Thursday, 16 December 2010

It'll Be Over Soon

My friend, who doesn't darken the doors of any church, says he loves carols. He doesn't go in to one to sing along, however. He is an atheist-agnostic and thinks churches are where certain kinds of people gather to tell other people what to do. But carols, they are great, and are all about - well, I don't know. They might be about nostalgia for being younger, or generating a bit of tinsel like when having a tree in a house in December and January. I don't put a tree up. I admit I paid 49p for a little church with snow on, because it reminded me of a municipal type church with red brick bits and a Victorian steeple - but it is for all year round and joins other such tat.

I do not like carols. Or let's say, I don't like most carols. They are sugary and yucky, and they go on and on. People have to do them, get through them, make sure they sing enough of them. This includes Unitarians. I run out of breath; I get tired singing them. Christmas brings out the Puritan in me. I was like this when Anglican but I would be like Samuel Charles who preached on Sunday December 25th and didn't mention the mythical birth of Jesus or any of the other packaging.

Why on earth do Unitarians celebrate Christmas? Some actually believe in the the Christ figure as at least the (to them) properly mythologised exemplar; a few might still believe in the supreme incarnation of all Spirit-containing humans. Of course these folks should not be denied a few carols, but not a carol service surely?

I think Jesus was born unknown in somewhere like Nazareth or Capernaum or even Zippori (Sepphoris) and like all humans needed a sperm from a man and an egg from a woman. His formative period as a youth might be interesting, but not his birth. There is no evidence for any census and the account of those in power to cause it makes no historical sense. The parents neither went to nor started out from Bethlehem. So I don't want to sing carols to a myth I care little about even if I regard Jesus as an interesting (and a flawed) character when a man.

I do have a little model of Baby Krishna. Now I like little Krishna because he was a naughty boy, and surely that is an incarnate thing. He swallowed soil and when he was told to open his dirt-filled mouth, the universe was inside. He was also a playful youth, like he nicked the girls' clothes. But Jesus, ah he was always perfect yet of lowly birth, and that's just plain silly. OK, not if you read The Infancy Gospel Of Thomas: then he was like Superman having to curtail his powers and his mum and dad were very cross with him at times. But the churches don't read this at Christmas, or any other time. I'm obviously dealing with myths here. The real Jesus: now he picked capable self-supporting men to go around with him, and one wonders if Mary Magdalene had some dosh too. They weren't at the bottom of the pile and they didn't live on fresh air.

One reason I am Unitarian inclined is because I don't want to celebrate him particularly and would even like to move on. I cannot see any reason to immerse myself in that biography-like narrative, especially so early on. Thanks to the weather this year I have sung fewer carols, and that makes me happier, though I have absented myself from such services in the past. When people in the Church of England absent themselves from Christingle services, they are only doing what I have done more thoroughly. That's a definite no, and I like oranges.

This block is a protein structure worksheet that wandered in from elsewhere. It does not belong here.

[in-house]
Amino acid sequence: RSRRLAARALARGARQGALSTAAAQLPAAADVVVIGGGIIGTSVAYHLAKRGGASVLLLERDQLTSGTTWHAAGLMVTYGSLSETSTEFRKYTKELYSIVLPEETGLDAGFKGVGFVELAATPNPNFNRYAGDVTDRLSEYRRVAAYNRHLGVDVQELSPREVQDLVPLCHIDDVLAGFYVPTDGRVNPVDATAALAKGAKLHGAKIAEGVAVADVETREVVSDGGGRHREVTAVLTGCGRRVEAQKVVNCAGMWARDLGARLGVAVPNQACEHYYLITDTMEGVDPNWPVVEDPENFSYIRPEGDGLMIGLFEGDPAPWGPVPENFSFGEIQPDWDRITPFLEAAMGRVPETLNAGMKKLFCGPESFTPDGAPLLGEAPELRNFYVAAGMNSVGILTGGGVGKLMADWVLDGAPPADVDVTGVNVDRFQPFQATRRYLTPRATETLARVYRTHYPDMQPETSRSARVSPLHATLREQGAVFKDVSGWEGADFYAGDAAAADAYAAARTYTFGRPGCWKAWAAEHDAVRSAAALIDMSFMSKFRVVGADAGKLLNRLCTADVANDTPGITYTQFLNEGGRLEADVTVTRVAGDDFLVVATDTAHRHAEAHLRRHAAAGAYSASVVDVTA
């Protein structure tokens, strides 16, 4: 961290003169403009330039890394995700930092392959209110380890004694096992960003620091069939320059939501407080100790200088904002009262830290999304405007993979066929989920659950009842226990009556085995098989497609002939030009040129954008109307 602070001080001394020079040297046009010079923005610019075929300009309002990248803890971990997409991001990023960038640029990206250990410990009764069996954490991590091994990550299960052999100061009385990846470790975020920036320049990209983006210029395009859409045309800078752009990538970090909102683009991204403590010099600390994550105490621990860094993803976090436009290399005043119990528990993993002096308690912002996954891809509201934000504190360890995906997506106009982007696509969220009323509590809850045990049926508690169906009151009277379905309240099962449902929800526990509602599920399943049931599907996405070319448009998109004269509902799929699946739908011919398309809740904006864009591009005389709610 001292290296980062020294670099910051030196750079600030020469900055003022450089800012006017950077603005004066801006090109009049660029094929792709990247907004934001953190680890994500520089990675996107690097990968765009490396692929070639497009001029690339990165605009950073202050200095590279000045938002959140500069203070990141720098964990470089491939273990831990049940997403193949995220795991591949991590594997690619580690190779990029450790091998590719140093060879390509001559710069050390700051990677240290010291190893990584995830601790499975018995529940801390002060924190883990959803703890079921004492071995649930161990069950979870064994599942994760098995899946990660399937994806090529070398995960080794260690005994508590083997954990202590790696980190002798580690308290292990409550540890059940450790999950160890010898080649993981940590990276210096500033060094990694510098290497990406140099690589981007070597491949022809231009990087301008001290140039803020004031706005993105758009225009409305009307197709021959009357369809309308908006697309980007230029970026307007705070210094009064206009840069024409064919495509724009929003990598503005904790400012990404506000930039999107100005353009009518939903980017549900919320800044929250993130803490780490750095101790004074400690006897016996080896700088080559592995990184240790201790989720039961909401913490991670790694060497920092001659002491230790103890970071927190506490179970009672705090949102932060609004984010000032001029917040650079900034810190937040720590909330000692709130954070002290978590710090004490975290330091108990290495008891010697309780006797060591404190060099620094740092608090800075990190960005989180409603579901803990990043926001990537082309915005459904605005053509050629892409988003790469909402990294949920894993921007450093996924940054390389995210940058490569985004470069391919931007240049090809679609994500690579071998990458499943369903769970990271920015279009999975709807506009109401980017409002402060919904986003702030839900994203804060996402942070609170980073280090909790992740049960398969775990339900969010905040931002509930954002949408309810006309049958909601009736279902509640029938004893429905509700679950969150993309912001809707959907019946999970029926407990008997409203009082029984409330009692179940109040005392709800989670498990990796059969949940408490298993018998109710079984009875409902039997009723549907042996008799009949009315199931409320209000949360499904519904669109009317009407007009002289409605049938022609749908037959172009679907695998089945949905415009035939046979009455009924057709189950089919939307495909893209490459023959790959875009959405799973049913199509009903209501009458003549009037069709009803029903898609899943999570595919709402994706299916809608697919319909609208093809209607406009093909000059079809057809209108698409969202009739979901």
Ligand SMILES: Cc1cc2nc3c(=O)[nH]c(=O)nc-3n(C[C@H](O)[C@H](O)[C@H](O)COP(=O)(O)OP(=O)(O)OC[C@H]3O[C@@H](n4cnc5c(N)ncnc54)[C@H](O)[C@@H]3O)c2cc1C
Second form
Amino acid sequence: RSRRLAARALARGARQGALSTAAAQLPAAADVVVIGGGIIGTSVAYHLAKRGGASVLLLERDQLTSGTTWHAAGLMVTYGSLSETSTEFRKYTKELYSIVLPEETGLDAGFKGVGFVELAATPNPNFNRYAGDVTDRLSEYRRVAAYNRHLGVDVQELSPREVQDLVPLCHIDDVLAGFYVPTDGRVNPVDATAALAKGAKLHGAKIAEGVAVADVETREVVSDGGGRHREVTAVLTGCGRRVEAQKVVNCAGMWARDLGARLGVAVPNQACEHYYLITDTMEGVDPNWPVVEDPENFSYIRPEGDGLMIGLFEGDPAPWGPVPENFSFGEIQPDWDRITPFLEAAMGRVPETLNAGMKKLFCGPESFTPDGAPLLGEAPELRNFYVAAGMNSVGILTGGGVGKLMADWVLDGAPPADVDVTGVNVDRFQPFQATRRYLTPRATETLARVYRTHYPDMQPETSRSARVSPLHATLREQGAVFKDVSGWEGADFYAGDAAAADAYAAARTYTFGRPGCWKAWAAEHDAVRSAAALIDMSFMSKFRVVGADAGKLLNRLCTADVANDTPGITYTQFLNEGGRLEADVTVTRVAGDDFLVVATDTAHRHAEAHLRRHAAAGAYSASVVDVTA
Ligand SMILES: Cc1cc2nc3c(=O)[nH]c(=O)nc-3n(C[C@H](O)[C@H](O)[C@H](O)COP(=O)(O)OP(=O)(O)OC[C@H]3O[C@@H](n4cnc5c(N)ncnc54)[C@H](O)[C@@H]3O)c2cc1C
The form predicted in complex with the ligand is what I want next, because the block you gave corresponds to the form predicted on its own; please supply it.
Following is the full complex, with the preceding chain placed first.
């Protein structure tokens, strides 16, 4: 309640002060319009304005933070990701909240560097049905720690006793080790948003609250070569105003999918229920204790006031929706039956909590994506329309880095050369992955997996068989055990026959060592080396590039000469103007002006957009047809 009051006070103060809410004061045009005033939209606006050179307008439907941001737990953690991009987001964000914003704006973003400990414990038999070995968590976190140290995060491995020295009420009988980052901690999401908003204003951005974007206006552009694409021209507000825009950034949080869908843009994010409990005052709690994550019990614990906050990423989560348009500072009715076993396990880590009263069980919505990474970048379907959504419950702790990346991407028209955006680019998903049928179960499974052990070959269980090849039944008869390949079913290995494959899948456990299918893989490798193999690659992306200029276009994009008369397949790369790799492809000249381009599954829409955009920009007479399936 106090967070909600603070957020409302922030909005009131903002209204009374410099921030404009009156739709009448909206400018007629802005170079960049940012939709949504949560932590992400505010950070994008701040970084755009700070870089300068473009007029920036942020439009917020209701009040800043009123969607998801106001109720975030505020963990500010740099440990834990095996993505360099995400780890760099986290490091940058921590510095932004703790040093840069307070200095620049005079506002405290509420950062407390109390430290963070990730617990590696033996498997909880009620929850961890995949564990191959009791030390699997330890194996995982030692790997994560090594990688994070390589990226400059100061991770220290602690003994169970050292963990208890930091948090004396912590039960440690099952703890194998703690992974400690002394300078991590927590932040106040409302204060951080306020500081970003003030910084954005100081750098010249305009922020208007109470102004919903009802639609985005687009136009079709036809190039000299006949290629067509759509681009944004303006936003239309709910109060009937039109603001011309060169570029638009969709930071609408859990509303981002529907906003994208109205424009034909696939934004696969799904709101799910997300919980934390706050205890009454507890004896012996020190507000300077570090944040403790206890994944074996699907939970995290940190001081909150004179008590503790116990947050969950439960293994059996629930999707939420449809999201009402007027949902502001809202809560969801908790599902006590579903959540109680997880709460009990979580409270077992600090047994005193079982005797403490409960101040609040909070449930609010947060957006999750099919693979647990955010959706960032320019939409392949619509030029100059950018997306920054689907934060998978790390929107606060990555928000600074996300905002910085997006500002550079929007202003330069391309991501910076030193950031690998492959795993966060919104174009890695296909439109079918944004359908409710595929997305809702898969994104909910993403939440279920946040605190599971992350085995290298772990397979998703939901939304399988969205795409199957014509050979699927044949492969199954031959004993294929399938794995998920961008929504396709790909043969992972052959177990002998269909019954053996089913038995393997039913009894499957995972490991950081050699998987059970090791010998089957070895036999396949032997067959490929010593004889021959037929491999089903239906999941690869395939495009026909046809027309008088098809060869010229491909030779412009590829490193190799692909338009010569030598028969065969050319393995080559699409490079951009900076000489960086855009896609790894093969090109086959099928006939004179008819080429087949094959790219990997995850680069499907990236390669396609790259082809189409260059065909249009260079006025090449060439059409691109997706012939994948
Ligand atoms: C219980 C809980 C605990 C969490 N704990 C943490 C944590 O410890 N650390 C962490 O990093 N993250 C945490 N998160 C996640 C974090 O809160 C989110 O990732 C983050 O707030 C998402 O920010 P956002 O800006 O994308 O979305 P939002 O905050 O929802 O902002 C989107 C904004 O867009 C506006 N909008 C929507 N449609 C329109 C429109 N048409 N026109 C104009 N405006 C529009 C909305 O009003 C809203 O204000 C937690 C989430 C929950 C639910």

Some Unitarians sing carols because they also celebrate the universal baby, a sort of myth extracted out of the particular and into the general. The baby is the beginning, the innocent, the joyful face and the delight of life. Great. Can't such a thing be said more directly?

Some Unitarians sing carols because they are about the turn of the year. I'm sure members of the Unitarian Earth Spirit Network will have their evergreens. There are a few focussing like that, so why not sing these carols? We reflect on time, after all, going round in circles and yet everyone getting older. Some fall off the conveyor belt of life and then, of course, there are the babies just setting out. But many of these carols are dual carols, about Jesus the baby and the turn of the year.

However, I used to like the idea of Midnight Mass, and even went when I'd stopped communicating. I like the idea of a service that, held at midnight, turned a corner in time and a community stood in their coats breathing out steam. But I still didn't like the carols. Perhaps I should have been around a fire with Pagans but then I don't feel that motivated to go out and find them and to change my attitude about putting up some tree.

I'm in the fortunate position where no one will send me presents and I don't want to send any out. I don't want cards and I'm not sending any. My budget for Christmas is zero, and I prefer it that way even if there is some compulsion involved. I'm already hitting the mute button for programmes advertised on television and the adverts are detestable. I'm a miserable sod and that's how I like it, but unlike the Puritans I say others can get on with it.

If you like it, do it. Perhaps no one who turns up that once a year needs to give a reason. People do still turn up once a year for that special, different, experience of singing rhymes about birth, just as fewer turn up in Easter for stuff about death and new life. Good for them.

Thanks for the drawing Lesley. I like it but my same friend who likes carols says it makes me look as if I've had a stroke.

2 comments:

Grandmère Mimi said...

Bah humbug!

I like it (the drawing) but my same friend who likes carols says it makes me look as if I've had a stroke.

That's odd, because I like the caricature you drew of me, but a friend said it made me look as if I'd had a stroke. True story.

Pluralist (Adrian Worsfold) said...

Stroke=enhanced character.